LOS ANGELES, Nov. 1 (UPI) -- In the feast or famine world of network TV programming, viewers are about to feast on four weeks' worth of the best that the entertainment divisions can come up with -- but if you want it all, you're in for a big time gorging.
The November sweeps are here, a time for networks to do their utmost to beat each other's brains out in the marketplace with special programming you won't normally see in non-sweeps months. Between now and Nov. 28, viewers will once again be asking: "Why do they always put the good stuff on at the same time?"
The answer is economics.
Ad rates for the next several months are based on the ratings that networks and local affiliates can generate during sweeps. That dynamic motivates programmers to emulate kids who coast the rest of the year, but make sure they're on their best behavior when they know Santa is coming.
Sweeps are always confounding for viewers, and this year -- in a post-Sept. 11 world -- the networks find themselves in uncharted waters.
As news coverage dominated the airwaves following the terrorist attacks, the networks scrambled their primetime entertainment schedules at more or less the exact moment when they had intended to launch the 2001-02 season.
As a rule, networks have come to use September and October as something of a shakedown cruise for the primetime schedule -- sorting out winners from losers so they can avoid programming losers during the November sweeps. They lost that opportunity this year, but they have plucked a few programs from the primetime grid -- notably Daniel Stern's comedy, "Danny," and James Cromwell's political drama, "Citizen Baines."
Fox has scarcely had an opportunity to run its show up the flagpole, since it has been preoccupied with post-season baseball. Rupert Murdoch's network will roll out season premieres for its series at the same time as the other networks are going with shows that have already shown some strength in the marketplace.
Heading into the sweeps, NBC is enjoying new ratings vitality in its Thursday comedy line-up, mainly owing to a revival of fortunes for "Friends" -- which will use a series of high-profile guest appearances in hopes of maximizing its audience over the next four weeks. Sean Penn was scheduled to appear in Thursday's episode, and Brad Pitt is scheduled to appear on Nov. 22.
On Nov. 13, NBC will present a two-hour "Frasier" marathon, including a new episode in which Frasier toasts his 2,000th radio show by inviting Microsoft boss Bill Gates on the show.
NBC has also lined-up a series of celebrity specials for both "Weakest Link" and "Fear Factor" and the first-ever TV concert special by singer-actress Jennifer Lopez.
On ABC, "Who Wants to Be a Millionaire" has its own celebrity editions planned -- including three featuring supermodels, one featuring members of the U.S. armed forces, and one featuring Hollywood stars Kevin Bacon, William Baldwin, Shannon Elizabeth and Jon Favreau.
ABC, which got off to a troubling start with sub-par ratings for newcomer "Bob Patterson" and more established comedies such as "Dharma & Greg," changed course and decided to roll out the season premiere of "NYPD Blue" in November -- returning the Emmy-winning drama to its customary Tuesday night time slot, instead of moving it to Wednesday opposite "Law & Order."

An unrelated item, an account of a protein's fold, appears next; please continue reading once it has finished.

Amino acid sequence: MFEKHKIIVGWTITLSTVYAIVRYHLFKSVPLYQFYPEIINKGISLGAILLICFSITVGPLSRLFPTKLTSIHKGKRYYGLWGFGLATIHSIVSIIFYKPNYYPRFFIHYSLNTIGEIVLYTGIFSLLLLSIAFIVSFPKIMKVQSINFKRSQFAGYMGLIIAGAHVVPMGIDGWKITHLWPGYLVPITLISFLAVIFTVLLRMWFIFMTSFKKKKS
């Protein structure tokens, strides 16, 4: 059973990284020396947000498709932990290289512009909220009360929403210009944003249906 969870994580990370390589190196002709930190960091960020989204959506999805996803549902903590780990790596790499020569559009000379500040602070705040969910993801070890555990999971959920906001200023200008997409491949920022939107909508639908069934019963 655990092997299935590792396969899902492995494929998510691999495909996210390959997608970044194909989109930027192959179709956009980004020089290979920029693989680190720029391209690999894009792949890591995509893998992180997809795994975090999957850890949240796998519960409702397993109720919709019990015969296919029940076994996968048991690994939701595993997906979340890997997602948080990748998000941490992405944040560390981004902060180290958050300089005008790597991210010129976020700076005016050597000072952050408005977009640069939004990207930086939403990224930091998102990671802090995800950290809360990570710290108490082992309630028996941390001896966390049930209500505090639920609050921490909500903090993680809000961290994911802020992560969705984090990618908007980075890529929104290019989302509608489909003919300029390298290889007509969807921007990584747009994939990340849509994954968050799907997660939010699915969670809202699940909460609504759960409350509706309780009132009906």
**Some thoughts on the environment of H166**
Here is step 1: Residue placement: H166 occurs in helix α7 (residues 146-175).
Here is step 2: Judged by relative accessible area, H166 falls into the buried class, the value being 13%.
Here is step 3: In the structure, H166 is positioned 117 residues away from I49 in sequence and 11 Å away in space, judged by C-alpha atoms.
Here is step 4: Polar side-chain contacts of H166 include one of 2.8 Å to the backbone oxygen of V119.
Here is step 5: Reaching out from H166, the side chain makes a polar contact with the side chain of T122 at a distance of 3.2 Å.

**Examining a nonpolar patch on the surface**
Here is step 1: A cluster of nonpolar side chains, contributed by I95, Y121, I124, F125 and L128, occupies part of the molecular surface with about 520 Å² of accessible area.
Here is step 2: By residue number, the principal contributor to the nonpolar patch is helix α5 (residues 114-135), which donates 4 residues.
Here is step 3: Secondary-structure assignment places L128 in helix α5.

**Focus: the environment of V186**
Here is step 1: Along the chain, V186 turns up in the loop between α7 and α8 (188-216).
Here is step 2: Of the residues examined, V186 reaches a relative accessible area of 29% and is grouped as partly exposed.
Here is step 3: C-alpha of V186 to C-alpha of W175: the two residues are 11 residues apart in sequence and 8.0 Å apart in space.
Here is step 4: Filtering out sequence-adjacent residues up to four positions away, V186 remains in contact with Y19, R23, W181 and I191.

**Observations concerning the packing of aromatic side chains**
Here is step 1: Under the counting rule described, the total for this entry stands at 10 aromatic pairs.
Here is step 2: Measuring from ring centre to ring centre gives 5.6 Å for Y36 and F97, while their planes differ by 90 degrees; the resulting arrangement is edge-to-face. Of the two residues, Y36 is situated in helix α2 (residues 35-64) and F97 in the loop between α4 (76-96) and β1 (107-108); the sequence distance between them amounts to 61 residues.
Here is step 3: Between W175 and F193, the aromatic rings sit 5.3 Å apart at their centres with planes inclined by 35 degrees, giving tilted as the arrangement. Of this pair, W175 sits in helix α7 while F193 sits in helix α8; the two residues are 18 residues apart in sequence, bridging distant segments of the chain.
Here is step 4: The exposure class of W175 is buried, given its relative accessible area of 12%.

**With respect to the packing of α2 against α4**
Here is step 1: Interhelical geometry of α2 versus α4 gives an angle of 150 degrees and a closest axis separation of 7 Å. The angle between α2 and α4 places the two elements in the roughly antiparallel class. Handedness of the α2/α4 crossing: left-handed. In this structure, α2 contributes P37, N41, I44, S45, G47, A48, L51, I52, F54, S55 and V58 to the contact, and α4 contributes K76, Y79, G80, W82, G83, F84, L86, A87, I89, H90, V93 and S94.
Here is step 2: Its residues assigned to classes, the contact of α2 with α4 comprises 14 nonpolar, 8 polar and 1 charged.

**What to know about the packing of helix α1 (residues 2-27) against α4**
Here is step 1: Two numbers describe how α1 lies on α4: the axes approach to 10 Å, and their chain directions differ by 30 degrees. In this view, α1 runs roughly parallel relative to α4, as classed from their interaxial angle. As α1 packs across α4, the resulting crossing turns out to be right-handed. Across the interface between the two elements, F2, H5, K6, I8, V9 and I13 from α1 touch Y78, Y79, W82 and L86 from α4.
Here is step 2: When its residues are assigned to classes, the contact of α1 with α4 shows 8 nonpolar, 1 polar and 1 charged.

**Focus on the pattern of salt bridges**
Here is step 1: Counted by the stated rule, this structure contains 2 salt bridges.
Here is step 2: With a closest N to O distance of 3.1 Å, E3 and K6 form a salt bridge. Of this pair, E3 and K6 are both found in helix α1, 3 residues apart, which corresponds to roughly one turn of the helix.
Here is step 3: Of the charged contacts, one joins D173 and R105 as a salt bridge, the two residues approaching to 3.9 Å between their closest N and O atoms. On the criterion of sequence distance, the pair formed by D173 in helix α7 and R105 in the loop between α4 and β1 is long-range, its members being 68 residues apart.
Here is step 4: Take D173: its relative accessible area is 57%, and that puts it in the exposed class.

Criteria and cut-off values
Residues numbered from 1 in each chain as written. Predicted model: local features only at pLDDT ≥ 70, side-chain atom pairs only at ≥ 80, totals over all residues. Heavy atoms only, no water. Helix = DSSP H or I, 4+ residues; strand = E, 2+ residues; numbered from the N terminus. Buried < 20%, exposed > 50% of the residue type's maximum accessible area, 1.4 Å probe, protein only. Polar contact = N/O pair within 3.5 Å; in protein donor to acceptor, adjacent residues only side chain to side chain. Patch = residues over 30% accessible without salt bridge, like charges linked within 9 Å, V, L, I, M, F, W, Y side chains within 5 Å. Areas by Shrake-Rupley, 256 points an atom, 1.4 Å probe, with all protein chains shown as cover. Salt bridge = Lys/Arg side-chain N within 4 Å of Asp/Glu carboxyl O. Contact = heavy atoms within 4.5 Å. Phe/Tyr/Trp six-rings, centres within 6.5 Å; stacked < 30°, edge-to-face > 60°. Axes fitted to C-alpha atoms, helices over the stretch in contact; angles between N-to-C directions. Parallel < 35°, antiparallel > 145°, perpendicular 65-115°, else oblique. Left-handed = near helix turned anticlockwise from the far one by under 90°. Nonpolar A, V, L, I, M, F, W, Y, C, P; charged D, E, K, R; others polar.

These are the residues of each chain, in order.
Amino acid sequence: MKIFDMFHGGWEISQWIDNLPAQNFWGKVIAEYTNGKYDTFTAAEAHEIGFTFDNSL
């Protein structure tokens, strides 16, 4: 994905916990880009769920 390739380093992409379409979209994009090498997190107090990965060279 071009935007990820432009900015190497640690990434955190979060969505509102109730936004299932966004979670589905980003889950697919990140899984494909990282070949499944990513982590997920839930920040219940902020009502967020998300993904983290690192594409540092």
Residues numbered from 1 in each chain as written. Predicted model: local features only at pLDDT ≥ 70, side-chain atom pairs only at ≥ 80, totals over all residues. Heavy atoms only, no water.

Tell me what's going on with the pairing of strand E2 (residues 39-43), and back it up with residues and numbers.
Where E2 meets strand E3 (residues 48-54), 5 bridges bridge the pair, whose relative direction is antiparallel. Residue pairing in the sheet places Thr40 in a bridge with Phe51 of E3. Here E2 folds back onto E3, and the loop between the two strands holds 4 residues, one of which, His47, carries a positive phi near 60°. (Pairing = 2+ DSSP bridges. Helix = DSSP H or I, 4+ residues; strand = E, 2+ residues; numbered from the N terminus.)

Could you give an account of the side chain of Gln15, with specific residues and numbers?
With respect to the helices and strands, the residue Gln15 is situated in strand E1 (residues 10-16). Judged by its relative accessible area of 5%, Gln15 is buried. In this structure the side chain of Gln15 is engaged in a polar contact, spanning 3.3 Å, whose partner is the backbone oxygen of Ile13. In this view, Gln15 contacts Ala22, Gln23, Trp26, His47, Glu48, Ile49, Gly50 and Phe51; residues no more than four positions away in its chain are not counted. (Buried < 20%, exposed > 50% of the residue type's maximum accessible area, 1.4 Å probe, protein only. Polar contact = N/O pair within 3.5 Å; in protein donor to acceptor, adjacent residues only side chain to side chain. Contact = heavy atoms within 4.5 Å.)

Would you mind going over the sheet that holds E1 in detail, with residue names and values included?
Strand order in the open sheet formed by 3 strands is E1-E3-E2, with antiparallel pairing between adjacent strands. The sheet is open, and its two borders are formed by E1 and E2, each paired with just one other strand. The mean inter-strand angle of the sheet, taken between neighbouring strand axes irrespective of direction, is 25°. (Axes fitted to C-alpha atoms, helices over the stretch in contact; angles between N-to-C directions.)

As it is, "Blue" will be up against the heavily promoted series premiere of "24" on Fox.
ABC will also feature another live episode of "The Drew Carey Show," a "Facts of Life" reunion movie and the "Victoria's Secret Annual Fashion Show." And the network's "Spin City" will feature Heather Locklear and guest star Denise Richards engaging in the latest in a long and growing line of woman-on-woman kisses.
CBS will take a third crack Sunday at televising the Emmy Awards, which were originally scheduled for Sept. 16, then for Oct. 7 -- but were postponed both times because of terrorist attacks and air strikes in Afghanistan.
Traditionally, the Emmy Awards telecast is used as a platform for the televising network to hype its fall schedule, but the delays made it impossible for CBS to capitalize on that opportunity this year.
CBS also has the Country Music Association Awards, an "I Love Lucy" 50th anniversary special, a Carol Burnett reunion and concerts by Michael Jackson and 'N Sync. The Jackson show is a compilation of performances from his two-night stand at Madison Square Garden in September.
Fox has been subjected to some ridicule on sports talk radio, from cynics who find it unseemly that the network superimposes ads for its TV shows and movies on a blue screen behind home plate. Still, baseball viewers can probably tell you that Fox is the network of "Ally McBeal," "The Tick" and other shows that have been prominently featured in camera shots showing pitchers delivering the ball to batters.
Lucy Lawless and Cary Elwes will appear in the two-part season premiere of "The X-Files" on Fox, Nov. 11 and 18. And Fox has one of the bigger weapons ever rolled out during sweeps month, the TV premiere of "Star Wars: Episode I -- The Phantom Menace" on Nov. 25.
NBC is going with prestige this Sunday and Monday, presenting the miniseries, "Uprising," based on stories of Jewish resistance fighters against the Nazis in the Warsaw Ghetto during World War II.
Fans of "Buffy the Vampire Slayer" on UPN will see an oddity next Tuesday -- a musical episode. UPN also plans an Iron Chef special as part of its sweeps programming.
On the final night of sweeps, NBC does the network equivalent of lighting the national Christmas tree with its annual telecast of "Christmas in Rockefeller Center," featuring appearances by Marc Anthony, Tony Bennett, Destiny's Child, Jessica Simpson and Vanessa Williams.
After that, the networks will return you to their regular programming -- until the next sweeps, coming in February.